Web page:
On this blog I've tried to keep the content of my posts in the context of infosec and the like, but this post will be diverging a bit, simply due to the importance of the subject matter. Recently, video game studio Rockstar Games has come under some fire regarding a feature with Vulture looking into the making of their upcoming game Red Dead Redemption 2. The feature was dragged across the internet because of Rockstar co-founder Dan Houser's claims that the team worked multiple 100-hour weeks in the development process. In addition, Houser implied that the massive amount of overwork placed on the developers was something to be proud of, attributing it to the team's work ethic.
The culture of overwork in game development (and software development in general) has not gone unnoticed by developers, managers, and outsiders alike, regardless of attempts to glamorize it as "crunch time". There is a massive amount of work that goes into any AAA video game, without even considering the ridiculous amount of content in Red Dead Redemption 2. However, instead of expanding the development team or lengthening the project (both of which are costly to the executives at the top of the studio), managers simply choose to demand more and more of entry-level developers in increasingly shortened timeframes, contributing to stress and burnout among those developers.
Among the responses of the internet to Houser's words was a strong call to game developers to unionize, an idea that certainly intuitively makes sense and has worked for related professions in the past. However, there are some major problems with the solution of simply unionizing the game developer workforce, that come from the economics of the game development field today.
The central issue to the call to unionize is the massive number of entry-level softwaren developers seeking jobs in game development. There's already a very high supply of workers for software engineering, with how much the field has gained a reputation for potential rewards. And it makes sense that, even then, game development would have a disproportionately high supply compared to software development as a whole, as the content being developed is more interesting to potential developers than the typical software project. In short, people want to become game developers, because they like video games. And that's nothing against them, as we all have passions. The issue, though, is that many would be willing to put up with bad working conditions just to be able to work on video games.
Companies like Rockstar have thousands of applicants fresh out of college, ready for jobs in game development, and they don't care if they're put in bad working conditions. The managers know this too; this is what enables them to overwork their employees. If the developers currently working at Rockstar decided to unionize, then Rockstar could simply get new employees who decided to not do so. Yes, it can technically be against the law depending on the location, but there are very easy ways around that for a hiring manager (e.g. "We just don't think you're a good fit").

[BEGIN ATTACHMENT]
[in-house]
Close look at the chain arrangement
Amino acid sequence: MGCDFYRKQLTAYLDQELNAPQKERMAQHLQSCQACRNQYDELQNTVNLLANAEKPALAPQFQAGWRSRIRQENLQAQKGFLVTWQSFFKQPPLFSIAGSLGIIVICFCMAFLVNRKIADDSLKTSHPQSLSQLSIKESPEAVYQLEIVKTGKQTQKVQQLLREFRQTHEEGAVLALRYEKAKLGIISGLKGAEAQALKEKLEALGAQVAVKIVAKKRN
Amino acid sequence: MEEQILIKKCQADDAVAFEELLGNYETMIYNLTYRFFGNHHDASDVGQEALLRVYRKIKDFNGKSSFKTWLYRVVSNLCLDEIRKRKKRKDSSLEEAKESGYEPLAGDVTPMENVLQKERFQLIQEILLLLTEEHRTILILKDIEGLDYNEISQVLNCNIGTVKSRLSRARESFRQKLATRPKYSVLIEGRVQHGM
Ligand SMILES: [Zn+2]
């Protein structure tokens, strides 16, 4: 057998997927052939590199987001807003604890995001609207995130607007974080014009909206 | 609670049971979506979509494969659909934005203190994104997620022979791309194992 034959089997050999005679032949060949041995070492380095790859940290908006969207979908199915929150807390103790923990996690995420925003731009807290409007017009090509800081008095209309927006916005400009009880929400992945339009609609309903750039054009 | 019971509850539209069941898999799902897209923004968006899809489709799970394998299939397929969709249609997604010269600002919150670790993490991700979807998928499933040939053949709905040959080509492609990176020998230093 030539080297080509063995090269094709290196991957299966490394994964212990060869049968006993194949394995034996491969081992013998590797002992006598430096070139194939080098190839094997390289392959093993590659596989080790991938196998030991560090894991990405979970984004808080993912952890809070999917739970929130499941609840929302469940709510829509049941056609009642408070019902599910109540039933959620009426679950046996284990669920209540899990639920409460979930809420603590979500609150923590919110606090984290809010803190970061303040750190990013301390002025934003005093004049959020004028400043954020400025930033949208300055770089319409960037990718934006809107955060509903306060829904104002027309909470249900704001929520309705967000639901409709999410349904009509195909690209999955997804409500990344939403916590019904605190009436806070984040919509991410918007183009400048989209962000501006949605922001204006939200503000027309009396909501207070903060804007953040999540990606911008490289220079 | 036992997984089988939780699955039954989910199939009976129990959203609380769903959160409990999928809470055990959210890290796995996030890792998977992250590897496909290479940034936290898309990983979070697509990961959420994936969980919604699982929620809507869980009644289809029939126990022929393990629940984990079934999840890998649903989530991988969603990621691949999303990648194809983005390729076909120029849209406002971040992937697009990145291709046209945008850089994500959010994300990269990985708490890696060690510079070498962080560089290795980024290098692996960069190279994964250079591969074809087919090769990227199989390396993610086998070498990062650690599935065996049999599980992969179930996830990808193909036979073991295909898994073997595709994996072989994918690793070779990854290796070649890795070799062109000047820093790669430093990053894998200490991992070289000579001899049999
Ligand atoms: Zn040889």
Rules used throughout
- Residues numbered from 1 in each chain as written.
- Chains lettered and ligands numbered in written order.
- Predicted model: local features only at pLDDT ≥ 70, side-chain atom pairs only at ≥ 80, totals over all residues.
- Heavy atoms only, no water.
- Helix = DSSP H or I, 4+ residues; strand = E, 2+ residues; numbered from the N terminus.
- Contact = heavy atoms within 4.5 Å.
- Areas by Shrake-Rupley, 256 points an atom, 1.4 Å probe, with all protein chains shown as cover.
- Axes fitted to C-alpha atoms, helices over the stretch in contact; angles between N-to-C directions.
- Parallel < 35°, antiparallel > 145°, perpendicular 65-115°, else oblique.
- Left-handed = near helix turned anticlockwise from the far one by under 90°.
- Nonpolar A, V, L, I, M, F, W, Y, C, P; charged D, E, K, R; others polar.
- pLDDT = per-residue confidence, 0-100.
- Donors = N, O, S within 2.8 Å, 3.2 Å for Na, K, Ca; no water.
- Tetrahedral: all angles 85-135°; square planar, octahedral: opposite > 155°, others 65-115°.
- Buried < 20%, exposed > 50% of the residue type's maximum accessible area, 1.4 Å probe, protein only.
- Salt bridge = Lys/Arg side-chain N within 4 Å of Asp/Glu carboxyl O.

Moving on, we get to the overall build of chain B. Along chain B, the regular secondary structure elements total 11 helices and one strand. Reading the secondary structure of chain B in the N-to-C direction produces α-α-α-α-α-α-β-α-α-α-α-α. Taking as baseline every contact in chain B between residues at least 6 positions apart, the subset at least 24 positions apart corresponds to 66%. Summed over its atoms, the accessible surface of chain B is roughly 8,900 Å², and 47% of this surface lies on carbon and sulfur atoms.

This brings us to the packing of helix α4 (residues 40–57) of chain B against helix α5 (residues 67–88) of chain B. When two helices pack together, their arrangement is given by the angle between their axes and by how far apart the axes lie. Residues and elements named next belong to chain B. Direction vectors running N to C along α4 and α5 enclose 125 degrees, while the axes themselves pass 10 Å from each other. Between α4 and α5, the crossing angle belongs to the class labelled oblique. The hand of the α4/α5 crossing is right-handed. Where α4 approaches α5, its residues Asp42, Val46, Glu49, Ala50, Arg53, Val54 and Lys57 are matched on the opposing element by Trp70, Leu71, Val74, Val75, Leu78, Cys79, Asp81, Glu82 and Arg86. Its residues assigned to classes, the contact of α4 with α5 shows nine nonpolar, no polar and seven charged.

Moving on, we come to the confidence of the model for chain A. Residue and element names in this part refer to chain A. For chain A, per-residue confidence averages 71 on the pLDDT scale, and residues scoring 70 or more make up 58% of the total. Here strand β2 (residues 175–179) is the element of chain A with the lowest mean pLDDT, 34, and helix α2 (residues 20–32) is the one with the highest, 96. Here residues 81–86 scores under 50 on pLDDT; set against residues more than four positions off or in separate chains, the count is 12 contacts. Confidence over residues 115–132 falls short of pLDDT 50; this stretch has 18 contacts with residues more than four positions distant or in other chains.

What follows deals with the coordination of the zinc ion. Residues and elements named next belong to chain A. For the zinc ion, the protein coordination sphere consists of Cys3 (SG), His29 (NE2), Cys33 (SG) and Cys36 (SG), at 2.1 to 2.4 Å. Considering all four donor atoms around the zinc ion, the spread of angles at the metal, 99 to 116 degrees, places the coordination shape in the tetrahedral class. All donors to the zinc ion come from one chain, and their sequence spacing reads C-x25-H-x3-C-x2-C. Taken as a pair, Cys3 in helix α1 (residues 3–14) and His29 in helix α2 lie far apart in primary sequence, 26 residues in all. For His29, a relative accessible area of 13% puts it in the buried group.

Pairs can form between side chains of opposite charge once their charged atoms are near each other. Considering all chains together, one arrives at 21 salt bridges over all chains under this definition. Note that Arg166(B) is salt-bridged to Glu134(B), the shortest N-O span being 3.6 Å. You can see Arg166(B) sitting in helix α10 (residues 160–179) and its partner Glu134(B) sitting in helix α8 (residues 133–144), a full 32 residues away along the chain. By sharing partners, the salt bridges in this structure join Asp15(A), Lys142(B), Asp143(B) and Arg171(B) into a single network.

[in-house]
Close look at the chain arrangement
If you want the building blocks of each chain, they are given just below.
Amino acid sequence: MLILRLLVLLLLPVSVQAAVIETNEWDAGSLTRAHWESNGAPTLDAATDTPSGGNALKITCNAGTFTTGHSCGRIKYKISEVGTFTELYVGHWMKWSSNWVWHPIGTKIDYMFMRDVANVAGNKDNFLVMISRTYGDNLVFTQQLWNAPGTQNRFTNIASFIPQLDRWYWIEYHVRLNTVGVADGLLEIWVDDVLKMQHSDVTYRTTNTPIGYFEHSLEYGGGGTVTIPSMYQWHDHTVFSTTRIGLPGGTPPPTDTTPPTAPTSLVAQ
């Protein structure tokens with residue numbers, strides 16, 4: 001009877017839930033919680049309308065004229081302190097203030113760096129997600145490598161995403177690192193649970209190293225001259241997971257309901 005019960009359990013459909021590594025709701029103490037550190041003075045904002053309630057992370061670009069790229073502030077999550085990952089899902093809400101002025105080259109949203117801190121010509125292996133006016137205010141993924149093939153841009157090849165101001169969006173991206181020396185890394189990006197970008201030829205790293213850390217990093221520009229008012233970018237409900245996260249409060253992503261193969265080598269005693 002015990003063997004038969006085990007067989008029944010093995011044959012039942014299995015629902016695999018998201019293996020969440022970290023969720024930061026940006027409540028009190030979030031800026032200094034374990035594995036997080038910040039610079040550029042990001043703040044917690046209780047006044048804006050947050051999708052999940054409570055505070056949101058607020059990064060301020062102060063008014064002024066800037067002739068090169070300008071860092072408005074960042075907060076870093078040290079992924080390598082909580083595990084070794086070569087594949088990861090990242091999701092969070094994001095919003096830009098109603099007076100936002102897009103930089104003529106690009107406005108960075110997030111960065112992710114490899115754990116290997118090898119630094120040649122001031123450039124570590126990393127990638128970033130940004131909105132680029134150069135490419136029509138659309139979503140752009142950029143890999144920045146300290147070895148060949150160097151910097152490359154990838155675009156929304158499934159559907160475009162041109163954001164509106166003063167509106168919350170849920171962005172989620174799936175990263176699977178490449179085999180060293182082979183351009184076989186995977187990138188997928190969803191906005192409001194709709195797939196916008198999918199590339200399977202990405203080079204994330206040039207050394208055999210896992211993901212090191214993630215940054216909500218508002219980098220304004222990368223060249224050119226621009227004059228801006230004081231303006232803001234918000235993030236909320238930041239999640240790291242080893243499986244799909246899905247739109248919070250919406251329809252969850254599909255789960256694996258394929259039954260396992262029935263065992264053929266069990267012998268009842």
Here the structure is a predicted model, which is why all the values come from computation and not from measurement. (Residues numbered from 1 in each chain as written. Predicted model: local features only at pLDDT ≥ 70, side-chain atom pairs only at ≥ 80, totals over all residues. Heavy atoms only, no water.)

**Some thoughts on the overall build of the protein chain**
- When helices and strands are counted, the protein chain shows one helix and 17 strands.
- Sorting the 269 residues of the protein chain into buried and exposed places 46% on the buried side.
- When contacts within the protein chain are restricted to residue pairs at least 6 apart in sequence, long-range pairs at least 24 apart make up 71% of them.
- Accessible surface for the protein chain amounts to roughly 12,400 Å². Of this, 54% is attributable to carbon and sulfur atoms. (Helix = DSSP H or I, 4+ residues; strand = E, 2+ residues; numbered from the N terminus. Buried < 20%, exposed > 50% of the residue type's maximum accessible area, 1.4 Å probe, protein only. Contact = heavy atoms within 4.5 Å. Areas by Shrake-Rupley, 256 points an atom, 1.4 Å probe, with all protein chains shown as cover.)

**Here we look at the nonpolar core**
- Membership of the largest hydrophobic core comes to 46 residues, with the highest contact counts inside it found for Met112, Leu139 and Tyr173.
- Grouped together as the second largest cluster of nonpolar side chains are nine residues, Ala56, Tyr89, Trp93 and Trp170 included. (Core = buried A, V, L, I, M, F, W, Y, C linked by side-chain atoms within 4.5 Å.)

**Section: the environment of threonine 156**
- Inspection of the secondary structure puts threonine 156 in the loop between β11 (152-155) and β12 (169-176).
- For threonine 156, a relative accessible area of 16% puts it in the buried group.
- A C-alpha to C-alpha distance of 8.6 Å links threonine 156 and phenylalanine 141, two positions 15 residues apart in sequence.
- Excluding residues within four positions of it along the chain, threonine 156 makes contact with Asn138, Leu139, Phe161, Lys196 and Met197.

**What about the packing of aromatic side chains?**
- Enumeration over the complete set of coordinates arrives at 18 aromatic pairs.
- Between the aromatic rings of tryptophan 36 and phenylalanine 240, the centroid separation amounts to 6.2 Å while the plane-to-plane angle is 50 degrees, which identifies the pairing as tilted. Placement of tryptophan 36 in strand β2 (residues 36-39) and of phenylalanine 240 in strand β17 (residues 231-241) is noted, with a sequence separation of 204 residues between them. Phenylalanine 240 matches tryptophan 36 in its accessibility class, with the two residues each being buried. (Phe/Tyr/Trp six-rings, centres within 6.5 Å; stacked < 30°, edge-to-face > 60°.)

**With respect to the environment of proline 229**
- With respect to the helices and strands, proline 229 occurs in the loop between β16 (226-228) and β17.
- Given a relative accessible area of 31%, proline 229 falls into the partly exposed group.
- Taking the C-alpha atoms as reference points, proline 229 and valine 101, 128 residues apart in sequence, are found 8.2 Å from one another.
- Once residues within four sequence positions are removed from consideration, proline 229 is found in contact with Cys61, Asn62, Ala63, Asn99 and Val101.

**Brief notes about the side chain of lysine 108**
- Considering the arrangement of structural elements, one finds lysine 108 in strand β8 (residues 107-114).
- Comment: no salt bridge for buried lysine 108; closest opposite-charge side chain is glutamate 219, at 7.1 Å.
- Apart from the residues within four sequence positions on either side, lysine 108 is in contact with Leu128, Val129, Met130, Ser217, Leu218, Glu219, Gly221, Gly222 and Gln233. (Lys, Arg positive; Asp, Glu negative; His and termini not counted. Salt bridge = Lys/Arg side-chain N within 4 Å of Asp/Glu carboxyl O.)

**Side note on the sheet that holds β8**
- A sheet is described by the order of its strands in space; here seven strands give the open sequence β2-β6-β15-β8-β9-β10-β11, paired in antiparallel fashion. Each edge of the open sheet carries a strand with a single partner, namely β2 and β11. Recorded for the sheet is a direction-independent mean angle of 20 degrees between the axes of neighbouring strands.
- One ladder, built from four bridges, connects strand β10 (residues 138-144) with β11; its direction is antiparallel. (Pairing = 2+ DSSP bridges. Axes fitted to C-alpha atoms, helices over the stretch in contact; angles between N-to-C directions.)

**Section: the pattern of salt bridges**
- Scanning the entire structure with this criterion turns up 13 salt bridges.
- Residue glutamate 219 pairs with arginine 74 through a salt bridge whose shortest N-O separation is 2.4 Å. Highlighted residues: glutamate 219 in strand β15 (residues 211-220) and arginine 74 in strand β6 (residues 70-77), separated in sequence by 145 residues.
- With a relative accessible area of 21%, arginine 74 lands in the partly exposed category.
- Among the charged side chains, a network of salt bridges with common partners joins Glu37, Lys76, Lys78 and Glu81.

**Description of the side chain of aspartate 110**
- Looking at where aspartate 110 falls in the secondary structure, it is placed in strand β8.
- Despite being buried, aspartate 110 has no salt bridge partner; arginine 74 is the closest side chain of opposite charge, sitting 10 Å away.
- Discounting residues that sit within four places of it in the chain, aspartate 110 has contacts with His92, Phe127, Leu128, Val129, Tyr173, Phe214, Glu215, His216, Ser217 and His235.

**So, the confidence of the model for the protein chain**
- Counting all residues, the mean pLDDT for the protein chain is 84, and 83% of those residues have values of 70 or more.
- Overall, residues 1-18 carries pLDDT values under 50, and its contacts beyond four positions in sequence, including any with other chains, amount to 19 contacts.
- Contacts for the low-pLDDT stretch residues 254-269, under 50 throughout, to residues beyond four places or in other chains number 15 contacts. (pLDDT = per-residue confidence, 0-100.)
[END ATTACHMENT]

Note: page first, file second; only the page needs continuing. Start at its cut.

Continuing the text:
The common sentiment in response to this issue is that the game studios would not lay the developers off, because they know that the result of that would be having worse workers developing their games, and therefore, a worse product at the end of the day. This would make perfect sense if we were talking about the senior developers, designers, writers, and other high-level workers. However, those are not the people who are typically working 100-hour weeks at studios like Rockstar. The people we're talking about here are the developers responsible for one tiny, more-or-less independent part of the whole. They may be working on a particular menu animation, or arranging pre-made dialog trees in the engine, or other small things that don't require any significant level of skill past knowing how to code in a particular language. If these people unionized, then any given applicant with a four-year degree in computer science (of which there are MANY) could fill their spot with minimal training and overhead. There would be no change to the overwork culture at the studio, and the union workers would be out of jobs there.
The solution in these cases is typically government regulation. This is one of the few cases where it's generally understood in economics that the government needs to step in and fix things, because the free market will not do that by itself. Stronger regulations for overtime in software development can make the choice for managers switch from overworking employees, to simply hiring more. Of course, there are concerns of increased overhead from this, but as stated earlier, the particular pieces of work here are well isolated enough that there won't be much more overhead from having more hands to divide the sheer number of tasks.
I know that this is a somewhat more complex solution than the intuitive "Just Unionize", but this is the real way that things will be able to change in the industry. Instead of spending energy trying to get software developers to do something against their self-interest, try to push change in legislation that will benefit both those who would have unionized, and those who would have taken their jobs.